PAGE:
He could stand within yards of a bald eagle without scaring it one bit. His next idea was a net. Coady already put out small tarps for the birds, shade covers from the South Georgia elements. He tied the tan fabric to little metal posts near their water and feed. The chickens would huddle under them during the hot, bright hours of midday.

Unfortunately, these small tarps did not make the chickens safer. As Coady says he observed on several occasions, the bald eagles learned to fly down, land on the ground and walk beneath the tarp. A protective net, Coady reasoned, would need to be much larger. He considered the possibility. The farm is spread across a few thousand acres. An acre is roughly three-quarters the size of a football field.

Could he cover a single acre with, say, a net yards in length? The weight of such a net would make it sag to the ground, so it would need be lined with cables strong enough to lift it up. To lift such cables, he would need ratchets to pull them taut. Of course, the cables would need to be mounted to poles sunk deep enough in the ground to withstand the torque of the ratchets, not to mention the weight of the cables and net.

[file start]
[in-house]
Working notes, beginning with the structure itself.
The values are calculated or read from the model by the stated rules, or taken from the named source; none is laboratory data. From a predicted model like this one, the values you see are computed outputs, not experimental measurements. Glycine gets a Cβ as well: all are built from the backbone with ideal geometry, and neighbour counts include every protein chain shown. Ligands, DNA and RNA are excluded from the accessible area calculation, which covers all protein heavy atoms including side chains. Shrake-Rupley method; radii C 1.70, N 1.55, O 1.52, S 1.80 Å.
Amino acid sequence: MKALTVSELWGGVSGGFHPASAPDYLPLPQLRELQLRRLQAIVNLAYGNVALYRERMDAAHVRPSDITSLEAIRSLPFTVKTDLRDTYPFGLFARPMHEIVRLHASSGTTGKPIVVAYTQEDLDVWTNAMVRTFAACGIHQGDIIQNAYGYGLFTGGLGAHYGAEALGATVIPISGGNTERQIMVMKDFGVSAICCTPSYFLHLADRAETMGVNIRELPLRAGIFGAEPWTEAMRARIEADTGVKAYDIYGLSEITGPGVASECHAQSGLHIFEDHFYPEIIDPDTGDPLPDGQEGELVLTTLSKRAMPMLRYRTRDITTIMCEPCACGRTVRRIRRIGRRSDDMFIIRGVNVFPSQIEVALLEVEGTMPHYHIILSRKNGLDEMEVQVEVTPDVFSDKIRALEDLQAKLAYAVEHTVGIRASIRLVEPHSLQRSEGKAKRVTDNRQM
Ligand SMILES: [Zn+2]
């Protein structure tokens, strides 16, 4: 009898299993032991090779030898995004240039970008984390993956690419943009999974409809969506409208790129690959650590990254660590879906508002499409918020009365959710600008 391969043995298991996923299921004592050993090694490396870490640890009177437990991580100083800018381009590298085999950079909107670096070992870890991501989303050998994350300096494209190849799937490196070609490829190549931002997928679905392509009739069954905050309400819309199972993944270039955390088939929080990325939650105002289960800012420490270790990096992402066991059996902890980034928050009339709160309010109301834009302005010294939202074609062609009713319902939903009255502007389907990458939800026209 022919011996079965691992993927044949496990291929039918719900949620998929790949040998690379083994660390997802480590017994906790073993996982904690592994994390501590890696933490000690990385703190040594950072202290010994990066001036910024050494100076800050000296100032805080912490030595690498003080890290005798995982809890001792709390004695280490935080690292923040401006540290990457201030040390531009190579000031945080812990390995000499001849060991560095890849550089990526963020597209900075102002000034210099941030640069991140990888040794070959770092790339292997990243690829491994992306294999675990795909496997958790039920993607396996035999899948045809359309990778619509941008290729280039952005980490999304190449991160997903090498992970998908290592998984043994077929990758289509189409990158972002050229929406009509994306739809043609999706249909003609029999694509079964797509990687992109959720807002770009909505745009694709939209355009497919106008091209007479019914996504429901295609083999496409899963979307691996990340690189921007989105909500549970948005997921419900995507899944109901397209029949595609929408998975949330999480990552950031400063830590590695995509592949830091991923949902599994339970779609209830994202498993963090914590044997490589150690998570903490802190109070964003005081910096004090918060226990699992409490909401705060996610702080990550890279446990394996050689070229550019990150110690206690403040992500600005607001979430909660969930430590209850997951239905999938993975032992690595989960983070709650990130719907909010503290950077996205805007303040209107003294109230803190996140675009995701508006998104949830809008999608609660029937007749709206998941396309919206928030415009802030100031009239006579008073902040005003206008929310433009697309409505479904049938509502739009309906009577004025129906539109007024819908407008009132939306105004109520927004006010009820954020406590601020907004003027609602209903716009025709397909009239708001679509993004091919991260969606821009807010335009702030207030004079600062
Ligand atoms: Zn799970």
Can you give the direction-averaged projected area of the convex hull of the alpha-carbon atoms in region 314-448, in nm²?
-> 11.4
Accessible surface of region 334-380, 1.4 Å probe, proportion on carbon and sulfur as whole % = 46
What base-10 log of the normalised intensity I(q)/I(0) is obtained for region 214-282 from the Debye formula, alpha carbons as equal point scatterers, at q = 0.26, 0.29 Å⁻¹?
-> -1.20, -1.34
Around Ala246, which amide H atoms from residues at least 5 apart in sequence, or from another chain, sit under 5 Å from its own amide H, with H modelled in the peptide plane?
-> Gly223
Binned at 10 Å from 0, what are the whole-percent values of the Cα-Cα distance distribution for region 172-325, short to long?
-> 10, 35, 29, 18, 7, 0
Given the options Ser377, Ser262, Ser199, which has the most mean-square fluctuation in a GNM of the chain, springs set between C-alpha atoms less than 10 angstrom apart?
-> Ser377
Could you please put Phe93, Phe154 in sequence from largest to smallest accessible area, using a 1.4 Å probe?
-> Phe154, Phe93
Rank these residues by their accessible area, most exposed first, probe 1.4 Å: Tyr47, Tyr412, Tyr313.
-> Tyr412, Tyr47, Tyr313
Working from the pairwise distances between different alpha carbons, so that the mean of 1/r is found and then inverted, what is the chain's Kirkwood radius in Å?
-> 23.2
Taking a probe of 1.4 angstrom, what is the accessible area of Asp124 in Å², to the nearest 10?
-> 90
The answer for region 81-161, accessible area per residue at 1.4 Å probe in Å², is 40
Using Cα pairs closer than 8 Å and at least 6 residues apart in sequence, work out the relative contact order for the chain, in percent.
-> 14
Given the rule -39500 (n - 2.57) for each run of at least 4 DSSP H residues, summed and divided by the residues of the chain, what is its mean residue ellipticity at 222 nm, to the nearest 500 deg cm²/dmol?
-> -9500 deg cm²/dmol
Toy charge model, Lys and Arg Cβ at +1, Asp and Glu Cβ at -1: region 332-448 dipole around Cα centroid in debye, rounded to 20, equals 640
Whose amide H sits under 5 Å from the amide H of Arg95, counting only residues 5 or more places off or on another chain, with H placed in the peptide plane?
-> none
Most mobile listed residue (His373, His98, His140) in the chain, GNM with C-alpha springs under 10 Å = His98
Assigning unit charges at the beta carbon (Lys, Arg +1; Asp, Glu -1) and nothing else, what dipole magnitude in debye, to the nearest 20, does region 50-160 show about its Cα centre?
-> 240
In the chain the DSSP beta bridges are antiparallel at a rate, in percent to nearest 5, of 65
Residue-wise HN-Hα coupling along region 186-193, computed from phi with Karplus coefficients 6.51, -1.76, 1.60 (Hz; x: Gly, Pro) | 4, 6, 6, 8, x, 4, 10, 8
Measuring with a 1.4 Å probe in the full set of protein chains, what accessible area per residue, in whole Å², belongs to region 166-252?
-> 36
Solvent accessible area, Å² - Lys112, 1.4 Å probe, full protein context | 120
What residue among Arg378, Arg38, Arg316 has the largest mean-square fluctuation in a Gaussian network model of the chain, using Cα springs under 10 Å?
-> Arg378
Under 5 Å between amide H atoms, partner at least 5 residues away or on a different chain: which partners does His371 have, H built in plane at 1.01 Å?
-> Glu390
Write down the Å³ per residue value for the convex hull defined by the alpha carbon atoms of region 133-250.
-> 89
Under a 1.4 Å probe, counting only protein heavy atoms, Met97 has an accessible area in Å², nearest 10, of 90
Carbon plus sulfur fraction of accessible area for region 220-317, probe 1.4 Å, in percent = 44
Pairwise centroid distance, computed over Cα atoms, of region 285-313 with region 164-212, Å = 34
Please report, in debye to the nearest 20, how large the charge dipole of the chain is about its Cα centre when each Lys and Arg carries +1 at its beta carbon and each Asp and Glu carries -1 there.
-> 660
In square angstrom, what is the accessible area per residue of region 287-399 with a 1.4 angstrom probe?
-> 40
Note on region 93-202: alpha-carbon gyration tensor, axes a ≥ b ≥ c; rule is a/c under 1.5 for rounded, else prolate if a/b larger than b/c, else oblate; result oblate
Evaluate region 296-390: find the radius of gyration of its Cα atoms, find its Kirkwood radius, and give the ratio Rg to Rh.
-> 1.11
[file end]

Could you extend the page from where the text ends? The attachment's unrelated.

And even then, you were talking about only one acre out of thousands. So, no, he determined, nets would not work. Another idea was dogs. But those white, shaggy dogs seemed to have little ability or inclination to chase off the eagles. Dogs can be trained to deter birds of prey, but Coady seemed flummoxed at the prospect of finding such an animal. The law does not merely prohibit the killing of bald eagles. Without a federal permit, it is illegal even to disturb an eagle. As Coady dealt with the permit, Harris sought compensation for his losses.

Tucked deep within the Farm Bill is a program — the Livestock Indemnity Program — that, in essence, buys dead animals. Some of that money, though, covered attacks by protected animals reintroduced into the wild.

The U. The rate varies depending on the animal and the state where it was raised. The rate for chickens in Georgia, for example, is set at 4 percent. The agency said it would have to revise the mortality rate.